All over the world, through out history, there have been wars; wars over religion, wars over territory, wars over unfaithful companions. My question is this: does war really solve anything? Why do we resolve our problems with lives rather than simply colloquy? This is something I shall never understand.
Not to say that I am completely against all wars. I believe some things are worth fighting for; some things simply cannot be solved with words. The thought of life without war is impossible; it is an inevitable truth.
At the same time, peace and war go hand in hand. I believe that if we didn’t know war, we wouldn’t know peace. We could not understand the beauty of amity; we would lose sight of harmony and human intimacy. We all would like to believe that peace could be everlasting. But in reality there is no plausible way for peace to truly endure, uncorrupted and eternal. The bitter shadows of life’s realities would cloud that recovered peace, perhaps slowly or more rapidly, but it would in the end begin to falter.
I think that, for many, peace and war are opposites. Black and white. But perhaps, peace and war are just part of an eternal cycle, forever changing and adapting, gaining and losing, and in the end only grey. I once read a Buddhist quote which said, “From the ashes of war bloom the flowers of peace.” And maybe from the flowers of peace come the ashes of war, and so it goes. Each generation growing and learning and becoming, but never truly understanding the meaning of a life and what it means to rob that life.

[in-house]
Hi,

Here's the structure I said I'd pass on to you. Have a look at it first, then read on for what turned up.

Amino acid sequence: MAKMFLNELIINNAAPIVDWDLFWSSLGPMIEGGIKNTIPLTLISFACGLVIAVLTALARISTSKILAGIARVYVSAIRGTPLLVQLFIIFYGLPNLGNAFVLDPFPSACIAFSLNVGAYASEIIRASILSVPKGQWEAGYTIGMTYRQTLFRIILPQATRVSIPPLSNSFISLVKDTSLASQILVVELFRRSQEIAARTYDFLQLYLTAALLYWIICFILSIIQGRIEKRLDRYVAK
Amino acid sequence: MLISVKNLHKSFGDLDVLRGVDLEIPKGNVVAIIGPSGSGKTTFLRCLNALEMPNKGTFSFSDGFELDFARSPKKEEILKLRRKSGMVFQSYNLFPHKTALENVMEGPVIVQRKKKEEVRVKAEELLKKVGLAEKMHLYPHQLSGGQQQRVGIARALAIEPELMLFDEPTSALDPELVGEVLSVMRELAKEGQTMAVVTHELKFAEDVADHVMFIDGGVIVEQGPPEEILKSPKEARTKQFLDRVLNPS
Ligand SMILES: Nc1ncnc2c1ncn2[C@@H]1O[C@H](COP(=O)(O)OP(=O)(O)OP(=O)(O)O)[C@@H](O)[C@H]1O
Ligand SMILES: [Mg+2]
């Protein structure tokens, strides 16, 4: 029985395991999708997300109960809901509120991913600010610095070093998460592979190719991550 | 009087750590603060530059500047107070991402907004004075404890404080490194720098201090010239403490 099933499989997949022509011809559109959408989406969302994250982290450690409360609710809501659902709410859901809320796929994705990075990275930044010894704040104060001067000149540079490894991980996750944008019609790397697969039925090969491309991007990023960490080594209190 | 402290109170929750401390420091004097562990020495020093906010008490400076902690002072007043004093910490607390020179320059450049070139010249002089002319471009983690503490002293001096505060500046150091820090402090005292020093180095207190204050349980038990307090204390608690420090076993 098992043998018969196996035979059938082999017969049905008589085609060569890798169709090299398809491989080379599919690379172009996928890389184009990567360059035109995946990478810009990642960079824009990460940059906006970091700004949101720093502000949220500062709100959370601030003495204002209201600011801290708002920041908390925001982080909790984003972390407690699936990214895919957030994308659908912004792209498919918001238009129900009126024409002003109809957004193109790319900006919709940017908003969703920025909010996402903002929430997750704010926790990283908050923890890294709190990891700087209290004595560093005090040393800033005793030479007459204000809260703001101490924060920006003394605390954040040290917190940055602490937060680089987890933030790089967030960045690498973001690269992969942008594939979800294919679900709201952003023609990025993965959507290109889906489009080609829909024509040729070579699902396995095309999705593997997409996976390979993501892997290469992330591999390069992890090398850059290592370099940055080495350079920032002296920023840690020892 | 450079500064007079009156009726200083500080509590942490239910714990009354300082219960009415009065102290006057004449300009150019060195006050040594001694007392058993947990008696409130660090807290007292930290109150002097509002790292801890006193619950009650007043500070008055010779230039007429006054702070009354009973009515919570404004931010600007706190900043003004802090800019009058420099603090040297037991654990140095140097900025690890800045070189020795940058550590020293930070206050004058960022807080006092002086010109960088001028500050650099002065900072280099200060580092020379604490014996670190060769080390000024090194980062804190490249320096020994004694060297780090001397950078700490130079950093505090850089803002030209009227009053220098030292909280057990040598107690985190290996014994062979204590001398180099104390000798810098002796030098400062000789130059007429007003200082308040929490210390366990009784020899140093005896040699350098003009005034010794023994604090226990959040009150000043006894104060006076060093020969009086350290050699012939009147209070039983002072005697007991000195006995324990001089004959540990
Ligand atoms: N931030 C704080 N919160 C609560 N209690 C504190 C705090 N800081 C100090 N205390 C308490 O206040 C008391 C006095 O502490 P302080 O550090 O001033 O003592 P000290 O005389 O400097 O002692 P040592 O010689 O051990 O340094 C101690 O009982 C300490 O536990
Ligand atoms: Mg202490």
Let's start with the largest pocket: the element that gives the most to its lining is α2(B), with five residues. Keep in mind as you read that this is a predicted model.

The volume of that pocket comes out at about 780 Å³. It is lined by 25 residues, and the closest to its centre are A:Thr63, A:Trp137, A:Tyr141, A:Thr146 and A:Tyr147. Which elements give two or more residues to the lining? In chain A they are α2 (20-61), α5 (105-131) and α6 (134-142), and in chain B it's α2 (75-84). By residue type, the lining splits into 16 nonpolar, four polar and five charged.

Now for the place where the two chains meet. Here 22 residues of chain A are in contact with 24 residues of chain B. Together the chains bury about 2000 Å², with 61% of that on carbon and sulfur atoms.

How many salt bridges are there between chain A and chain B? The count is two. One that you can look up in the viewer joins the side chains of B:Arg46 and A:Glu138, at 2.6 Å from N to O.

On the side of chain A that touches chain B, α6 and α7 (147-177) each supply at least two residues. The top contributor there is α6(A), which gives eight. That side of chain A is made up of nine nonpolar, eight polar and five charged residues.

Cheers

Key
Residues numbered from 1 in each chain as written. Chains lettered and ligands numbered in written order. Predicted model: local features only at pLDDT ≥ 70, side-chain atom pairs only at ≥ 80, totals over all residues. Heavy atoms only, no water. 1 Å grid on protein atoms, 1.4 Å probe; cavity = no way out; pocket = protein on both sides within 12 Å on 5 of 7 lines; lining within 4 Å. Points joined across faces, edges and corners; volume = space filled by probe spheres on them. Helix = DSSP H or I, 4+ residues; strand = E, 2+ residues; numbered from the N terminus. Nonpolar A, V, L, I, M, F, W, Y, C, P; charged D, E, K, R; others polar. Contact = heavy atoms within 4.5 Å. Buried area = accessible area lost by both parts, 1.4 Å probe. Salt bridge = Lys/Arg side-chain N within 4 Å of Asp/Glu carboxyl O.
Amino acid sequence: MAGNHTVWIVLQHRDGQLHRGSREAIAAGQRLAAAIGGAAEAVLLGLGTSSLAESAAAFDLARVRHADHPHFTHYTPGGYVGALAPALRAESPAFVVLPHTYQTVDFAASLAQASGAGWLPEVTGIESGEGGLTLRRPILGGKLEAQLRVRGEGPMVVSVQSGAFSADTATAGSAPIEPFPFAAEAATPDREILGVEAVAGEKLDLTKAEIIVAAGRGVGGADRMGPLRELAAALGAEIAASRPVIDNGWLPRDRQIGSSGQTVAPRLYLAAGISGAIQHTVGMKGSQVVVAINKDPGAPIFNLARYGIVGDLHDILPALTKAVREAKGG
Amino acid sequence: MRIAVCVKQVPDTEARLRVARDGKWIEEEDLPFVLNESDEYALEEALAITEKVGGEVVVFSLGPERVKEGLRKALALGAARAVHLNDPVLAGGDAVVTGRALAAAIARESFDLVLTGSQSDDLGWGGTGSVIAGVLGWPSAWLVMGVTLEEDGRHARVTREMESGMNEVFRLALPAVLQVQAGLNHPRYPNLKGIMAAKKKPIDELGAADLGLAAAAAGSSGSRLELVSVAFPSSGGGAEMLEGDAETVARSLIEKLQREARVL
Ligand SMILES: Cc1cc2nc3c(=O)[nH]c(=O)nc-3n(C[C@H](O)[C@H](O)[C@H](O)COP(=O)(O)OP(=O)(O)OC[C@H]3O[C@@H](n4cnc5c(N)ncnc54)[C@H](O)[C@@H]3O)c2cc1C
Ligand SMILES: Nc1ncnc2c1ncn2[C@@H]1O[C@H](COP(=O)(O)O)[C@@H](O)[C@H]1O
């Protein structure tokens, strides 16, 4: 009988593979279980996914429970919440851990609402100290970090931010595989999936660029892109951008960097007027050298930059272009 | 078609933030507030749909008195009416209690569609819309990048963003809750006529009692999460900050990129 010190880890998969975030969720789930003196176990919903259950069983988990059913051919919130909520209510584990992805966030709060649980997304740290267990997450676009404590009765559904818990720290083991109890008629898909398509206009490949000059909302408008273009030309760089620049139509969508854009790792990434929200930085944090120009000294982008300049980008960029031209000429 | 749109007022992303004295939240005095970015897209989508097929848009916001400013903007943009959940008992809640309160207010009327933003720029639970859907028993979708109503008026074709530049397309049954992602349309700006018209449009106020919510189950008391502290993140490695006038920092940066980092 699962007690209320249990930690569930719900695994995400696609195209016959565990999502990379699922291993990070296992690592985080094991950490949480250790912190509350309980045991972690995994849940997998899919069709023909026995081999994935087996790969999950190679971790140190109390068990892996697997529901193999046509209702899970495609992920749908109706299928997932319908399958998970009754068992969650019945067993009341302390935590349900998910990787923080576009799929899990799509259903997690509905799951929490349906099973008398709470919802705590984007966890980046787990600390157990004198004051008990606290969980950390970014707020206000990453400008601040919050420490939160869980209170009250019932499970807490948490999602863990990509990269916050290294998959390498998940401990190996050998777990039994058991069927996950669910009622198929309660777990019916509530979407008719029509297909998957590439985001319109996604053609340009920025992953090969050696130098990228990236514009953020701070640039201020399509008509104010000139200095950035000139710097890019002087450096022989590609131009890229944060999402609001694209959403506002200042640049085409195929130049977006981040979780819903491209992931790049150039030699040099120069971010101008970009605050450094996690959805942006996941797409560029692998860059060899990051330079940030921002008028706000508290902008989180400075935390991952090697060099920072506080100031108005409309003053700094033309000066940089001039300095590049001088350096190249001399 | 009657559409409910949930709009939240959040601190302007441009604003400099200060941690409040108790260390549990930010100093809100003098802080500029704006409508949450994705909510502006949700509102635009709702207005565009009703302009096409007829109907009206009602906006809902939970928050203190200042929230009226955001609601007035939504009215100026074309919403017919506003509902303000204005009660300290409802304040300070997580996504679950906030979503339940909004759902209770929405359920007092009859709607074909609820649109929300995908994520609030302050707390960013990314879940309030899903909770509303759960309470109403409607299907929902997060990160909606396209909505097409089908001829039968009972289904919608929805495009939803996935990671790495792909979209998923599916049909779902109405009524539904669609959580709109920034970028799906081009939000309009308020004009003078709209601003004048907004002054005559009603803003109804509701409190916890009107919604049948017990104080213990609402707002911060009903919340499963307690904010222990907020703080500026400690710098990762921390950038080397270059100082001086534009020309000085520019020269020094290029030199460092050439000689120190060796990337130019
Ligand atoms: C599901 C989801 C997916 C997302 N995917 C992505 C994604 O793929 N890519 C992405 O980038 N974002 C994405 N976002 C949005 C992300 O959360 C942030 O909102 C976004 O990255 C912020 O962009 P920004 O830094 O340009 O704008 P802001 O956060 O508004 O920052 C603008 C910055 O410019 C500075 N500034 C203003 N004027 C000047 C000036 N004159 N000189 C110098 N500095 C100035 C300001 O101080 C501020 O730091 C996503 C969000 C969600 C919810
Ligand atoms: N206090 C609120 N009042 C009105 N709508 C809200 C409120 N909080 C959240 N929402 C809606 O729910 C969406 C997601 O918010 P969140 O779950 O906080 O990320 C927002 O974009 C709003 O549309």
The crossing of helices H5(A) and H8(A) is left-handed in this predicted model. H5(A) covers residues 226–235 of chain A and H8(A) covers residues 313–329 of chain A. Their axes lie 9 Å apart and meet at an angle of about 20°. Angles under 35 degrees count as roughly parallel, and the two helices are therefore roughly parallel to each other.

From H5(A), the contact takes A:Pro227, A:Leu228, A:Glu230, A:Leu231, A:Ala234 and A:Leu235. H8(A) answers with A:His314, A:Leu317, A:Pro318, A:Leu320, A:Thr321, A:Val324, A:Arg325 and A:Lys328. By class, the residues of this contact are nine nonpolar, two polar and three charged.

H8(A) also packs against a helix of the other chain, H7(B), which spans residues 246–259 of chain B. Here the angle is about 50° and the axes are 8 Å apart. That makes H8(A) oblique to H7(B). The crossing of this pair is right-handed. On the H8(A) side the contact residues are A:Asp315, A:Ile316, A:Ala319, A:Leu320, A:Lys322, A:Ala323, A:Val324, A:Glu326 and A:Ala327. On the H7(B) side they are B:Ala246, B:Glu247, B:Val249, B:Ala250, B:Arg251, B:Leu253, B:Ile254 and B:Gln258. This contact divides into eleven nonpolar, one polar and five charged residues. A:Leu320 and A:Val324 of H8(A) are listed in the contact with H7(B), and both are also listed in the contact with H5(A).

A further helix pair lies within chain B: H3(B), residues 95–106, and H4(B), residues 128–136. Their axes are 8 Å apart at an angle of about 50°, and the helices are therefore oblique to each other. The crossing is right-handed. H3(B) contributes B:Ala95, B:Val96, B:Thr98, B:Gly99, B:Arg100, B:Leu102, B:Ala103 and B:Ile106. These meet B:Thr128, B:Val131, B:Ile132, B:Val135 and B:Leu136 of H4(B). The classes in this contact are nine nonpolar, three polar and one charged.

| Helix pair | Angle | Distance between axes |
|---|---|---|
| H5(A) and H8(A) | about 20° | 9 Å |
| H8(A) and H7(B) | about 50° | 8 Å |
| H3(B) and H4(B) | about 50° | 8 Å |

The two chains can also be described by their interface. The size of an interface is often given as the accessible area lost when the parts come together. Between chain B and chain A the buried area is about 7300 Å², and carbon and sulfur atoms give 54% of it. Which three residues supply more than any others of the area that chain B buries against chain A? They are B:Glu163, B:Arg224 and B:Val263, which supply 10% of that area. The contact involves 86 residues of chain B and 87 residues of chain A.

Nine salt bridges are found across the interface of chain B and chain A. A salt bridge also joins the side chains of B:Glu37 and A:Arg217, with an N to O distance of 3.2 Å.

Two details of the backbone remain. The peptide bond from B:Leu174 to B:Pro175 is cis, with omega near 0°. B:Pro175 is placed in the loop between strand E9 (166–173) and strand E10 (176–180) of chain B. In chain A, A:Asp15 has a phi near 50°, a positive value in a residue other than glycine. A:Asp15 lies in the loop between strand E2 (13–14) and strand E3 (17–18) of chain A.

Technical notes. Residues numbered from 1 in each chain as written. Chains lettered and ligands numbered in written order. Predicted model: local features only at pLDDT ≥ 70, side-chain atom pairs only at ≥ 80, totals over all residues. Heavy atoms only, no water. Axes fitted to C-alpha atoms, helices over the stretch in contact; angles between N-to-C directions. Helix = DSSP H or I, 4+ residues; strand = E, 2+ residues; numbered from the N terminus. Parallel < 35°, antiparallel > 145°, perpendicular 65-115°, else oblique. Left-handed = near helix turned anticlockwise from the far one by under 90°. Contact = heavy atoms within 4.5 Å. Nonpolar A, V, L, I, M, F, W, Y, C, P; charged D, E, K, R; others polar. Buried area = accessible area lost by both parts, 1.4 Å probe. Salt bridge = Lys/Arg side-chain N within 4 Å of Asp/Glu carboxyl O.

Why do we murder the innocent? Why do we watch a nation suffer because of one prideful leader who will not abnegate? We just keep pushing. We push for our own pride. We “pride” ourselves on our strength, our ability to kill. But, what pride is there in killing? What pride is there in fragmenting camaraderie? It is brotherhood that will bring us back to glory. Glory, not of an army defeated, but of a brotherhood united.
We, as a human race, will never be completely immersed in interminable peace. There will always be, somewhere, a war. But, as we find, that is what life is. Life is peace and war and everything in between.
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